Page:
Another paper in same session questioned whether we could properly make distinction bet. early Ch. writing & early Ch. quasi-pictorial representations (of animals, chiefly) on bronzes: speaker used article by Chan Hansen, god help us, as support. When I read that article, I thought to myself: Oh no, somebody is going to use this to take us back to "writing & ptg have a single origin" myth--giant step backwards. And sure enough. Speaker also suggested that distinguishing writing from pictures and "privileging" writing was product of western Aristotelian thought, inapplicable to China. I rose after session and offered the view that arguments in too many of the papers were based on what seemed to me a grand non-sequitur: that if we can tie an opposition argument to one or another of the currently odious faults, western rationalism or logocentrism or Orientalism or elitism or whatever, this not only discredits your opponent's argument but also strengthens yours--they stopped short of saying "proves yours to be right," but that was implicit.. But of course it doesn't do anything of the kind; your argument is no better or worse in itself for being associated with this or that ideological position.

In a commencement address I gave several months ago (one I'm not proud of--Fred was there) I outlined some positions I'd arrived at in this late stage of my career, and said that anyone in my field--or in the fields of most of you--finds himself/herself pressed upon from two sides by great bodies of scholarship, Chinese and western, each advising us earnestly that if we don't adopt it wholeheartedly as the basis for our work, that work will be without value, or at least seriously weakened. And yet the two are in effect incompatible with each other. I suggested that to fail to draw productively on either one is fatal, but that to swallow either one whole, to accept its demands on us completely, is also fatal. How we maneuver between these, what we choose to adopt from each, goes a long way toward defining our scholarly stances or positions. Why I believe that swallowing whole the western cutting-edge approaches is fatal will be apparent from the foregoing: they impress and endear you to certain of your colleagues while alienating you from much of your audience, they close off too many moves that might be productive, and they don't in the end cast nearly as much real illumination on the materials you are dealing with as the approaches they repudiate. Why I believe that we can't accept uncritically the Chinese ways of dealing with Chinese cultural products scarcely needs outlining, in such a company--most of you have faced it, in one way or another--but let me try anyway, in my remaining minutes.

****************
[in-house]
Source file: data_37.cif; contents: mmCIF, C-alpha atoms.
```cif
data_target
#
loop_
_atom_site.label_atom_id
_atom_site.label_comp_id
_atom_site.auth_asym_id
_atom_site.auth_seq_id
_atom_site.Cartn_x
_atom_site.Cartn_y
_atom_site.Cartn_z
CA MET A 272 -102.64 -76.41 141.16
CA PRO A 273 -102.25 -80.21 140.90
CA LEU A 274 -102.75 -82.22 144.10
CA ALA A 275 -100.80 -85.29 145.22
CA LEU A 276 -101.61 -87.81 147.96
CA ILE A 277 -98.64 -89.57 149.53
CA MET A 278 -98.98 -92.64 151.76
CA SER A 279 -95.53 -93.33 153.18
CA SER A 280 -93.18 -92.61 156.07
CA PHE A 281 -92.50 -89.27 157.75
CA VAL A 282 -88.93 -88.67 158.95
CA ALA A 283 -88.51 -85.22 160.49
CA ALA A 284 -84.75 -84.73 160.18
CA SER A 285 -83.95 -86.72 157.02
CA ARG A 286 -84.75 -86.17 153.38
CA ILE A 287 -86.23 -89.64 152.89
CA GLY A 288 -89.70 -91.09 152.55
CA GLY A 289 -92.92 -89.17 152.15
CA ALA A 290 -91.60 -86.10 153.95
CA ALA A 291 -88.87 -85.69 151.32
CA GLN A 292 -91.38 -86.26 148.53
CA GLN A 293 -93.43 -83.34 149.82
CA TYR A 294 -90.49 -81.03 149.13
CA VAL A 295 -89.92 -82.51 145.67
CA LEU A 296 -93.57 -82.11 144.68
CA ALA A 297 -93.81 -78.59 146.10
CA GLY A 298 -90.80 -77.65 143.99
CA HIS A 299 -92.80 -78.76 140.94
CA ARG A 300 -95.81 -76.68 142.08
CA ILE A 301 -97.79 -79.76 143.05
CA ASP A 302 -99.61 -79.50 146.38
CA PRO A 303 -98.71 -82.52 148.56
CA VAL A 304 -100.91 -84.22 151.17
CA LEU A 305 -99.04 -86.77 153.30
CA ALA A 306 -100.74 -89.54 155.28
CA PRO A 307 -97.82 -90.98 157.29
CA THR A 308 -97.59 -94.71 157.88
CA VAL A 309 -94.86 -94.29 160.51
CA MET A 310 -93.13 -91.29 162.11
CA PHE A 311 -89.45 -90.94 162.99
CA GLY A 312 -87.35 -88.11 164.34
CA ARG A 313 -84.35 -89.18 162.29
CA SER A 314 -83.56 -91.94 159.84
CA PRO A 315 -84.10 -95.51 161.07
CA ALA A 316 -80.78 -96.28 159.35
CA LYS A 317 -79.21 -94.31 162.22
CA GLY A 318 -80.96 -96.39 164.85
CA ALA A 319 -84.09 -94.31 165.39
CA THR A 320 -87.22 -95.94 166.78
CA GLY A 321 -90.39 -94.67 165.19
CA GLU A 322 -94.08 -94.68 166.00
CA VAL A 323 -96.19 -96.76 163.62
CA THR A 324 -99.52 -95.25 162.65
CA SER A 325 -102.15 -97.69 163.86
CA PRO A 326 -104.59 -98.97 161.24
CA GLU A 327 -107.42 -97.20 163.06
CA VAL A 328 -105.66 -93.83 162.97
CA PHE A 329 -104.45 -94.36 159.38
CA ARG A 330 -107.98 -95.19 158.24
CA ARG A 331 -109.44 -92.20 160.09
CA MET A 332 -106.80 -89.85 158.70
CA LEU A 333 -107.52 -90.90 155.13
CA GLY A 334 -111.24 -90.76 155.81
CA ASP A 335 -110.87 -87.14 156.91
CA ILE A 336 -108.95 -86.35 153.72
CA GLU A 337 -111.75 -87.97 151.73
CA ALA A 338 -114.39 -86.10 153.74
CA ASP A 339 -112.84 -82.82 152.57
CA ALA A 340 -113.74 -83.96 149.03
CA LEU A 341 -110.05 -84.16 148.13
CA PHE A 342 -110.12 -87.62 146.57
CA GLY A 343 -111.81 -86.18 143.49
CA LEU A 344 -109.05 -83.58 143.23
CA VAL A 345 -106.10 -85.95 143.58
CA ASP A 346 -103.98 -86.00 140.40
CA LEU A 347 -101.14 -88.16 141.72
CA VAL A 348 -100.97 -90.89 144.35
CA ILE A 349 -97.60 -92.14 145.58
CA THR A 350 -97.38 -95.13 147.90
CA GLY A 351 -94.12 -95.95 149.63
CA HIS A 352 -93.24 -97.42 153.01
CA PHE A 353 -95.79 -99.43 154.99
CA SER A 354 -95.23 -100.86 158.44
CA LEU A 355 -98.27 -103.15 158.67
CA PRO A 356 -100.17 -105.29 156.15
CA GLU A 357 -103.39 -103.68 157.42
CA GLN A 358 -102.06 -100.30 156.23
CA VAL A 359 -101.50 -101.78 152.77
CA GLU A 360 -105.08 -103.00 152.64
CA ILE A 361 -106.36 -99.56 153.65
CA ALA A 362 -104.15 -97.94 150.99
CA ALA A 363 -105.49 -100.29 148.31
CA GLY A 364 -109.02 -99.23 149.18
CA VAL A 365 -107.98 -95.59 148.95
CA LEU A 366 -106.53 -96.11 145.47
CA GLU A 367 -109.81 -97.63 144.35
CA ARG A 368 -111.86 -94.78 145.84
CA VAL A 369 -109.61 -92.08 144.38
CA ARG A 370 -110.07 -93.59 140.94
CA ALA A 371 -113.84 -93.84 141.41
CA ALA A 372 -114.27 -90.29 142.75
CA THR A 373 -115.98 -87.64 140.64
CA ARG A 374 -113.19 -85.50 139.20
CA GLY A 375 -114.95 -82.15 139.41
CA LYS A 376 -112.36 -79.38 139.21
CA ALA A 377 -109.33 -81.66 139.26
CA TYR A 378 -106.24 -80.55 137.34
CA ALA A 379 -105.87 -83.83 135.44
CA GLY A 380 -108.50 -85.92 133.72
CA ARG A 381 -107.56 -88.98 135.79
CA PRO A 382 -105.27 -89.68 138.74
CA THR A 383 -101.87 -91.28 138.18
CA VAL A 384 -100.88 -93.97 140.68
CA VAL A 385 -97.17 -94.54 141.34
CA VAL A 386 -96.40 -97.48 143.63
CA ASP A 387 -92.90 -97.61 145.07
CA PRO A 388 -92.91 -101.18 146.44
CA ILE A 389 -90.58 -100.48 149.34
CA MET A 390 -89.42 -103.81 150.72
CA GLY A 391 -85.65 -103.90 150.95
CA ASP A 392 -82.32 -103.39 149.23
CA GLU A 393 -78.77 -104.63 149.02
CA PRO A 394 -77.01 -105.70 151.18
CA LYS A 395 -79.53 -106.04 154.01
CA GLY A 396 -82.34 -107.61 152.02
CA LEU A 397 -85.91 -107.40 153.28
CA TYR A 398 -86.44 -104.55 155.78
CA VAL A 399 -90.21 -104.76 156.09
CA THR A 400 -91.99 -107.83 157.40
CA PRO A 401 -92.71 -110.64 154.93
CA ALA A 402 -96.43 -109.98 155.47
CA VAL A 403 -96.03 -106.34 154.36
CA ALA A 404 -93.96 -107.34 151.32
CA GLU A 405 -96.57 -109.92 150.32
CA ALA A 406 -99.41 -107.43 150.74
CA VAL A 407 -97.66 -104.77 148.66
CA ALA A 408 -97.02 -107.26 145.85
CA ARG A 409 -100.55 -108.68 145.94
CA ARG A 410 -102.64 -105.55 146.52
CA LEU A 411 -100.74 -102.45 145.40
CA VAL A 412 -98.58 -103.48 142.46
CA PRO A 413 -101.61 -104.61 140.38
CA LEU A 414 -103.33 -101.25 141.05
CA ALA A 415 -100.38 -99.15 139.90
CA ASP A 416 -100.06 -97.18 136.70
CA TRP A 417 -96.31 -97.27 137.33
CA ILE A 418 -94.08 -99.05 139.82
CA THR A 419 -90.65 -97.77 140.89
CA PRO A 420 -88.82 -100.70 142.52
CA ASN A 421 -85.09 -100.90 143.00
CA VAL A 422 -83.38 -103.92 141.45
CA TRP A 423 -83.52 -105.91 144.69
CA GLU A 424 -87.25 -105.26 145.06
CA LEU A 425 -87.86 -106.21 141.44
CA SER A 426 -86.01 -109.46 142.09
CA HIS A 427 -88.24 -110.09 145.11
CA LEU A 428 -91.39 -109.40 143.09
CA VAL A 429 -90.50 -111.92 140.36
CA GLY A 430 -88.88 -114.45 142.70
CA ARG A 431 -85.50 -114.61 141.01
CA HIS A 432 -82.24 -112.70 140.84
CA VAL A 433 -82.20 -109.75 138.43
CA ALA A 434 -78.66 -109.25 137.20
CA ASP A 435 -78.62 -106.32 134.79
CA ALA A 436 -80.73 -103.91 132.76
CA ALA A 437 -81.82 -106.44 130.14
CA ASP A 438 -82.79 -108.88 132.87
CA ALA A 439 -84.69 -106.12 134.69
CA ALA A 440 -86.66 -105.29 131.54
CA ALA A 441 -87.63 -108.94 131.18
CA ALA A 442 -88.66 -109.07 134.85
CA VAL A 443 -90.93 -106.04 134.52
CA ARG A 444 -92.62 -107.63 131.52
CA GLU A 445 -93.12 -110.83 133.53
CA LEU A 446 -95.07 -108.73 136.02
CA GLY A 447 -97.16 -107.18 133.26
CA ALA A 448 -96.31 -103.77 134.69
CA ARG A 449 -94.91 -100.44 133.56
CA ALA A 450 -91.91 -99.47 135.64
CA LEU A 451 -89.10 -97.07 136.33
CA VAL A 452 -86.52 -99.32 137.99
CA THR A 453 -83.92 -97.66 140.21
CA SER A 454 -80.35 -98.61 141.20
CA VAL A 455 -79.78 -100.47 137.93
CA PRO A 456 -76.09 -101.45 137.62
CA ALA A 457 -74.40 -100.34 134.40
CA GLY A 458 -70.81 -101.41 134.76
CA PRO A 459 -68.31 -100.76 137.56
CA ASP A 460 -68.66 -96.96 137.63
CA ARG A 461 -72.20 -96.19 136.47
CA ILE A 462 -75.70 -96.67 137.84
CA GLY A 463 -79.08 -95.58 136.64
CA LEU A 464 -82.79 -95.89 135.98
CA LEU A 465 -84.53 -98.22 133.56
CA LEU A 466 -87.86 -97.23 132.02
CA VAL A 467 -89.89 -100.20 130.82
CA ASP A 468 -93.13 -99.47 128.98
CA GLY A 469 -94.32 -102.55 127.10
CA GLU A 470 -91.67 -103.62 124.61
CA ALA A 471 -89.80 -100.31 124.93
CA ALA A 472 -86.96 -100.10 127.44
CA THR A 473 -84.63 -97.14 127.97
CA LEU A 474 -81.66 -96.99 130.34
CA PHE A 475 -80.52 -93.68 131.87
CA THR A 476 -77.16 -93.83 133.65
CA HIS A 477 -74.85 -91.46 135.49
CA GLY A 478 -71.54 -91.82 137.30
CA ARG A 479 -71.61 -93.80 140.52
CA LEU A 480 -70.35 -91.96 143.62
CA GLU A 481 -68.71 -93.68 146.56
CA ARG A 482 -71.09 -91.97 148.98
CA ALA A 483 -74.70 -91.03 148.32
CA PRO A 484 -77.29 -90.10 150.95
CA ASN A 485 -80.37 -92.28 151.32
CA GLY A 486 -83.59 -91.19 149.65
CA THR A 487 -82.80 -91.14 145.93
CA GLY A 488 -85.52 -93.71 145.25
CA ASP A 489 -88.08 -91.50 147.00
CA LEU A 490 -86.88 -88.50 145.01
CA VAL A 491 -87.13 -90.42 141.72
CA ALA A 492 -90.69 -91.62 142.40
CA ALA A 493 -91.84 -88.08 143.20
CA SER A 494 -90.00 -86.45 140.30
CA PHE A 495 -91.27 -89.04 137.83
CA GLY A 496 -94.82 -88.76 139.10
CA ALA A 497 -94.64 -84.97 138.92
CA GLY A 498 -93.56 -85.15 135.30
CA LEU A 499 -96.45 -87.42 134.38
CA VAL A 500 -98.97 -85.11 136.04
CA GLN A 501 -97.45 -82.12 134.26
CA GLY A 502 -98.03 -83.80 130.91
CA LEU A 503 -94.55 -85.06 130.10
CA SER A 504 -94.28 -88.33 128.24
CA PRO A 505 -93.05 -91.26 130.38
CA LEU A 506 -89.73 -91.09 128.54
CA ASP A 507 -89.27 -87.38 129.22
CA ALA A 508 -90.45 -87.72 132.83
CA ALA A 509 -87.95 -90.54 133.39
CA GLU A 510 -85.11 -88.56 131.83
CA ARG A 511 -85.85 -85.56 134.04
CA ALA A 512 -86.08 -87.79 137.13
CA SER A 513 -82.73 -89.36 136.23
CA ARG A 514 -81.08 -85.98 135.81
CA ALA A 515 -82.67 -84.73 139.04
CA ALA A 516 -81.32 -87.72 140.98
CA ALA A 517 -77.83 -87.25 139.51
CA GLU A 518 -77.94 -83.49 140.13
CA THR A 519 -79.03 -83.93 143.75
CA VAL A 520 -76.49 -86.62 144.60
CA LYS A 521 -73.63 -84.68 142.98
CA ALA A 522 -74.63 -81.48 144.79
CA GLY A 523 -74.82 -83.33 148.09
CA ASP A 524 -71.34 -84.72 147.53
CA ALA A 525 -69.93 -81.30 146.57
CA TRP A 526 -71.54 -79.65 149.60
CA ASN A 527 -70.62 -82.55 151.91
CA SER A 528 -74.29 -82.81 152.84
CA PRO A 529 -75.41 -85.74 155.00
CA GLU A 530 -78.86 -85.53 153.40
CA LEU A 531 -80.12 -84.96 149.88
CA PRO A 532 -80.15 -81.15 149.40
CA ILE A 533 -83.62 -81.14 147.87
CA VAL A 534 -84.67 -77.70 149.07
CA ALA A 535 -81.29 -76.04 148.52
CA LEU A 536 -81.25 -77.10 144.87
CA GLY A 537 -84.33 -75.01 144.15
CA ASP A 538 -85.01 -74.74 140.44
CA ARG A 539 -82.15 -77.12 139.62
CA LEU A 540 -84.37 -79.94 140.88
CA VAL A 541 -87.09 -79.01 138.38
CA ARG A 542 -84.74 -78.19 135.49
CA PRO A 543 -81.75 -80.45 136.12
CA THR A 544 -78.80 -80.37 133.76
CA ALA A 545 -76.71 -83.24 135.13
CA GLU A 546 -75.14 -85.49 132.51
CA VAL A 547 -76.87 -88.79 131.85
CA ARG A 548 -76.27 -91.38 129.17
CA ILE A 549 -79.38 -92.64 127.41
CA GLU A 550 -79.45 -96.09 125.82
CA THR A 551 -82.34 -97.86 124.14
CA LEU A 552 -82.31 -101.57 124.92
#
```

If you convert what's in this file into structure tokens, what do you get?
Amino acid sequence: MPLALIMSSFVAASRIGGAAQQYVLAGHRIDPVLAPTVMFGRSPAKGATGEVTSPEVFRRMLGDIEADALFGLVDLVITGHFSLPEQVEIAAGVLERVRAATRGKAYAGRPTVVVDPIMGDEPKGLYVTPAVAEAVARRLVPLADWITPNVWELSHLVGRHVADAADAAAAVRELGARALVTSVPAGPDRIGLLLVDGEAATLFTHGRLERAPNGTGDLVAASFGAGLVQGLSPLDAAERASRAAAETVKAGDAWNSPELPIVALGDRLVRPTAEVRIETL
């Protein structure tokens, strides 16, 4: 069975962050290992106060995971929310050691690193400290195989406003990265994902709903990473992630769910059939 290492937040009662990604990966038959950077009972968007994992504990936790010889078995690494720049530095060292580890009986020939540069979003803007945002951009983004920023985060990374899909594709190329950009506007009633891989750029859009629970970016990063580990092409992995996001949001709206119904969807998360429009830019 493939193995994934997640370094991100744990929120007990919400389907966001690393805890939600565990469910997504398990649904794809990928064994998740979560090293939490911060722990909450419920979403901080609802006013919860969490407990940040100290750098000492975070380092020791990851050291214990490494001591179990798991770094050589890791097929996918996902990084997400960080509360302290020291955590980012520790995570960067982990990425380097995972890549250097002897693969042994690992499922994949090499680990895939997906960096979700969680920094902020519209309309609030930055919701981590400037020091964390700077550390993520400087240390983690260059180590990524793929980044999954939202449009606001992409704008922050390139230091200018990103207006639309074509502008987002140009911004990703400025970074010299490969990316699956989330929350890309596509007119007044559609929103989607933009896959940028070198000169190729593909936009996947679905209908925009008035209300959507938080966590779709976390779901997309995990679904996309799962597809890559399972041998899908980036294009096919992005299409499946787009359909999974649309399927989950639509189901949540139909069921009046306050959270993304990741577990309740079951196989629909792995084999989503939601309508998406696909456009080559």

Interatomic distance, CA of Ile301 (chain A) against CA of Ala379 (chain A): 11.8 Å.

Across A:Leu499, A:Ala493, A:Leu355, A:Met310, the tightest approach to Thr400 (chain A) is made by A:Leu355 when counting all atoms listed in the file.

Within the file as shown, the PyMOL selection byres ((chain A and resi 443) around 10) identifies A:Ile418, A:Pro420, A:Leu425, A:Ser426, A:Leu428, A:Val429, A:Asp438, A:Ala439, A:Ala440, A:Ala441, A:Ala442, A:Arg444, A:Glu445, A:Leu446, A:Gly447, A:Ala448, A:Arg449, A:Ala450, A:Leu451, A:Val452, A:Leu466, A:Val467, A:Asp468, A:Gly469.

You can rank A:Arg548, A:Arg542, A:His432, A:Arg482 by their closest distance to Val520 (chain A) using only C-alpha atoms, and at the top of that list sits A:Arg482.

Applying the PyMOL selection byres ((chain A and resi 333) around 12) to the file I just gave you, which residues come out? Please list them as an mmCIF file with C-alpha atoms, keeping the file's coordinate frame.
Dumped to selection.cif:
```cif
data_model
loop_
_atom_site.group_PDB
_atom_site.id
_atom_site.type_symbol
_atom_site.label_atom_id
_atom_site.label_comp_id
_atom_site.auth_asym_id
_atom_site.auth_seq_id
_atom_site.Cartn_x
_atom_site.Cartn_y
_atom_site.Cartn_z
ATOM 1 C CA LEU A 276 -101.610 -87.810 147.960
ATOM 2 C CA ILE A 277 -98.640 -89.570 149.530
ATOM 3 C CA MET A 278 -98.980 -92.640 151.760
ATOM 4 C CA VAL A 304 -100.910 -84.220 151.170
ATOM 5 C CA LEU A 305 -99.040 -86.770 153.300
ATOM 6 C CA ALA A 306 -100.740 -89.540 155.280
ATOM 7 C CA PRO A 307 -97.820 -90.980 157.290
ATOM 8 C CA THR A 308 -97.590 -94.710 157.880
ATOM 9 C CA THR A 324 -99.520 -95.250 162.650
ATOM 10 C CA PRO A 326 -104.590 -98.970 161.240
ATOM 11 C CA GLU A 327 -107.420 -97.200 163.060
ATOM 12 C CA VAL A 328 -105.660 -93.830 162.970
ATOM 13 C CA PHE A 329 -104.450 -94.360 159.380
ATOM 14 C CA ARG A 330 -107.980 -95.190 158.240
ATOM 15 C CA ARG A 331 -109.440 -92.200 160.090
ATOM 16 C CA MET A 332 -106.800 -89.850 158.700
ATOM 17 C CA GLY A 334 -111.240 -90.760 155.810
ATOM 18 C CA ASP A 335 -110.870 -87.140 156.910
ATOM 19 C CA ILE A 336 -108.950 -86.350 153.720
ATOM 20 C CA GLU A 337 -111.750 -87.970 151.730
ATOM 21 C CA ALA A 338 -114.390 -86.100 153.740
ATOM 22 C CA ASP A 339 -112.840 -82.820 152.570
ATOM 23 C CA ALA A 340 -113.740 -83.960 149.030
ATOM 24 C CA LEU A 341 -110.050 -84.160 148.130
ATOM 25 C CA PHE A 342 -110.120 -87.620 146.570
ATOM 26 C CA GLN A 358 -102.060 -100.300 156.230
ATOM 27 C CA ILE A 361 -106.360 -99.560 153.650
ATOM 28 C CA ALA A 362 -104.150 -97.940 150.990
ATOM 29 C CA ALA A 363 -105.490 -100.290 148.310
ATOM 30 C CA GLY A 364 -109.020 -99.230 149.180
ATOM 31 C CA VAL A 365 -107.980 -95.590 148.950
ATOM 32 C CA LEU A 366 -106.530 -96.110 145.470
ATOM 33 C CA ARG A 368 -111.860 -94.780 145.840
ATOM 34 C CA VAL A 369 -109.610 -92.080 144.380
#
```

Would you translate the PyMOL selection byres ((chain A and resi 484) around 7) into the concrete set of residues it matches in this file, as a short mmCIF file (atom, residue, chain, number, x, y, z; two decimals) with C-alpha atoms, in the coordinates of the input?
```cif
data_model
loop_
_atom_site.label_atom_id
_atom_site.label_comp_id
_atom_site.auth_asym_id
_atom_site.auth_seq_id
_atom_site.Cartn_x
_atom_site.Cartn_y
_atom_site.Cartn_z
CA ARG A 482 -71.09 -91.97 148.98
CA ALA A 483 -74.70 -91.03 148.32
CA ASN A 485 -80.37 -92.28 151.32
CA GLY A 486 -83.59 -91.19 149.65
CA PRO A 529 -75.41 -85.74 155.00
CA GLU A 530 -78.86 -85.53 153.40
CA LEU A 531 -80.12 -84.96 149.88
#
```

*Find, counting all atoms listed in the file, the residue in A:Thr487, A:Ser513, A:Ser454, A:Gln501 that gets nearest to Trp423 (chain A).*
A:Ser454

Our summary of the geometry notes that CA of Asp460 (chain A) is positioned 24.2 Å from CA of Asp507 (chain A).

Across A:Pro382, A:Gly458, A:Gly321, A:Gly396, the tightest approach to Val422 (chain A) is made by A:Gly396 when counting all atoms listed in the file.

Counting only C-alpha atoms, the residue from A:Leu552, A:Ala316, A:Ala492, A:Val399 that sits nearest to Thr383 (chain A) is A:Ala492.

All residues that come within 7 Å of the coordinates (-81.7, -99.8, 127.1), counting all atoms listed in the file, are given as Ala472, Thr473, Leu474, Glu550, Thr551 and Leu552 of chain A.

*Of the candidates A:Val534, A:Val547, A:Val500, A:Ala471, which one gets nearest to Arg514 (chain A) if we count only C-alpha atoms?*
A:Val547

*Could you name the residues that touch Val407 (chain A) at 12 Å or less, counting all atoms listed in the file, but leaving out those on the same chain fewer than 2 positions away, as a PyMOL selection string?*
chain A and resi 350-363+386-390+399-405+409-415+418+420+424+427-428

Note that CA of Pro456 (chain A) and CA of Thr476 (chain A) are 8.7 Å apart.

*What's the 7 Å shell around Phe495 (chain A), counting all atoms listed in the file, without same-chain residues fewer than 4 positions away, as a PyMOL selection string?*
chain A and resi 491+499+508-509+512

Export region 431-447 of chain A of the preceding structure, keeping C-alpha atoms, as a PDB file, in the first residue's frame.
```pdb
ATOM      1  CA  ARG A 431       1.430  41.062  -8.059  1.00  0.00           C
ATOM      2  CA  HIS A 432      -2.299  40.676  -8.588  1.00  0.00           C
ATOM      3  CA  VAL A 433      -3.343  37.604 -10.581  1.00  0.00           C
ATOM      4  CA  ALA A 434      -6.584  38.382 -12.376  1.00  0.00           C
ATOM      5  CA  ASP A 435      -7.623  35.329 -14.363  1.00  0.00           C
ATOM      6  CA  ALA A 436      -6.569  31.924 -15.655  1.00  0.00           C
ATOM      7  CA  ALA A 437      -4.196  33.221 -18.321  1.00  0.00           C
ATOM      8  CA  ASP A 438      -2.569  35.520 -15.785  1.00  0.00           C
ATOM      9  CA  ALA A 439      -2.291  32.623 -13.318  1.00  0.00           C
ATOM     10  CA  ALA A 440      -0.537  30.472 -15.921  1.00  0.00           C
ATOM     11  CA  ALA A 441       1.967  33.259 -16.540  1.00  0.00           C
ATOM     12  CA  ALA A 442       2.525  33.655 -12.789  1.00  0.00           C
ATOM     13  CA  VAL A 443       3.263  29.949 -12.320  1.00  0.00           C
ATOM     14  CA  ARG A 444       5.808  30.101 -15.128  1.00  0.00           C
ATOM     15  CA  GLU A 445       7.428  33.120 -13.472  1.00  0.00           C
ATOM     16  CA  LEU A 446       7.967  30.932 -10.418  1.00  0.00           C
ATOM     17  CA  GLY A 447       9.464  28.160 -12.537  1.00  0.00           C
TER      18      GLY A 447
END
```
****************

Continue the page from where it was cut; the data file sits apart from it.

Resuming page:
Back in the early 80s Martin Powers (then of UCLA) and I organized a panel at College Art Assn. meeting in L.A. on "New Directions in Chinese Art Studies." In position paper presented then, I took as my text a remark made by Cyril Birch in the doctoral exam of one of my students. Talking about the Confucian moralizing prefaces written for Chinese plays, he said to her: You should take them very seriously, but don't believe them. I broadened the application of that to Chinese writings on painting: take them very seriously, but don't believe them. Such a statement doesn't sound very radical; but question of how far we continue to follow long-established Chinese ways of thinking about their art and culture still a big issue in my field. At huge symposium on Tung Ch'i-ch'ang two years ago in Kansas City, it surfaced more openly than it had before: papers seemed more than previously divided between those that fitted comfortably within Chinese orthodoxy that Tung himself played big part in establishing, vs. those that questioned or attacked this orthodoxy, and tried to "deconstruct Tung" as somebody put it. Some speakers, including one Chinese (Lu Fusheng of Shanghai), trying to apply western critical theory, semiotic theory etc., to Tung's output; others (including organizer of symposium, Wai-kam Ho, who was very uncomfortable with direction it was taking) were arguing that because Chinese cultural expressions are created on fundamentally different premises from those that underlie the European and American, western critical theory can't or shouldn't be applied to them. Wen Fong and Tu Wei-ming both joined into this argument. I knew it already from Tu's arguments (made for instance at a symposium on Zen Buddhism that we both attended) that in dealing with Chinese thought and culture one has to do it from within, accepting on some level the assumptions that the thinkers or artists did; it's an argument that has a lot of merit. But it nevertheless makes me uncomfortable. In field of Ch. literature, some who argue that there is no true metaphor in Chinese poetry and literature, since the correspondences that seem to us metaphorical were for the Chinese real--in their correlative universe, that is, these weren't tropes invented by the poet or writer, but real correspondences that they were recognizing. After encountering this argument in writings of Stephen Owen, Pauline Yu, and others, I talked with several of you to find out how you deal with it--it makes me uncomfortable. This,. again, seems to me basic issue in our field, which I'm sure you've all come up against in some connection, and which you can probably formulate better than I have. Anyway, I'll stop here and let others talk.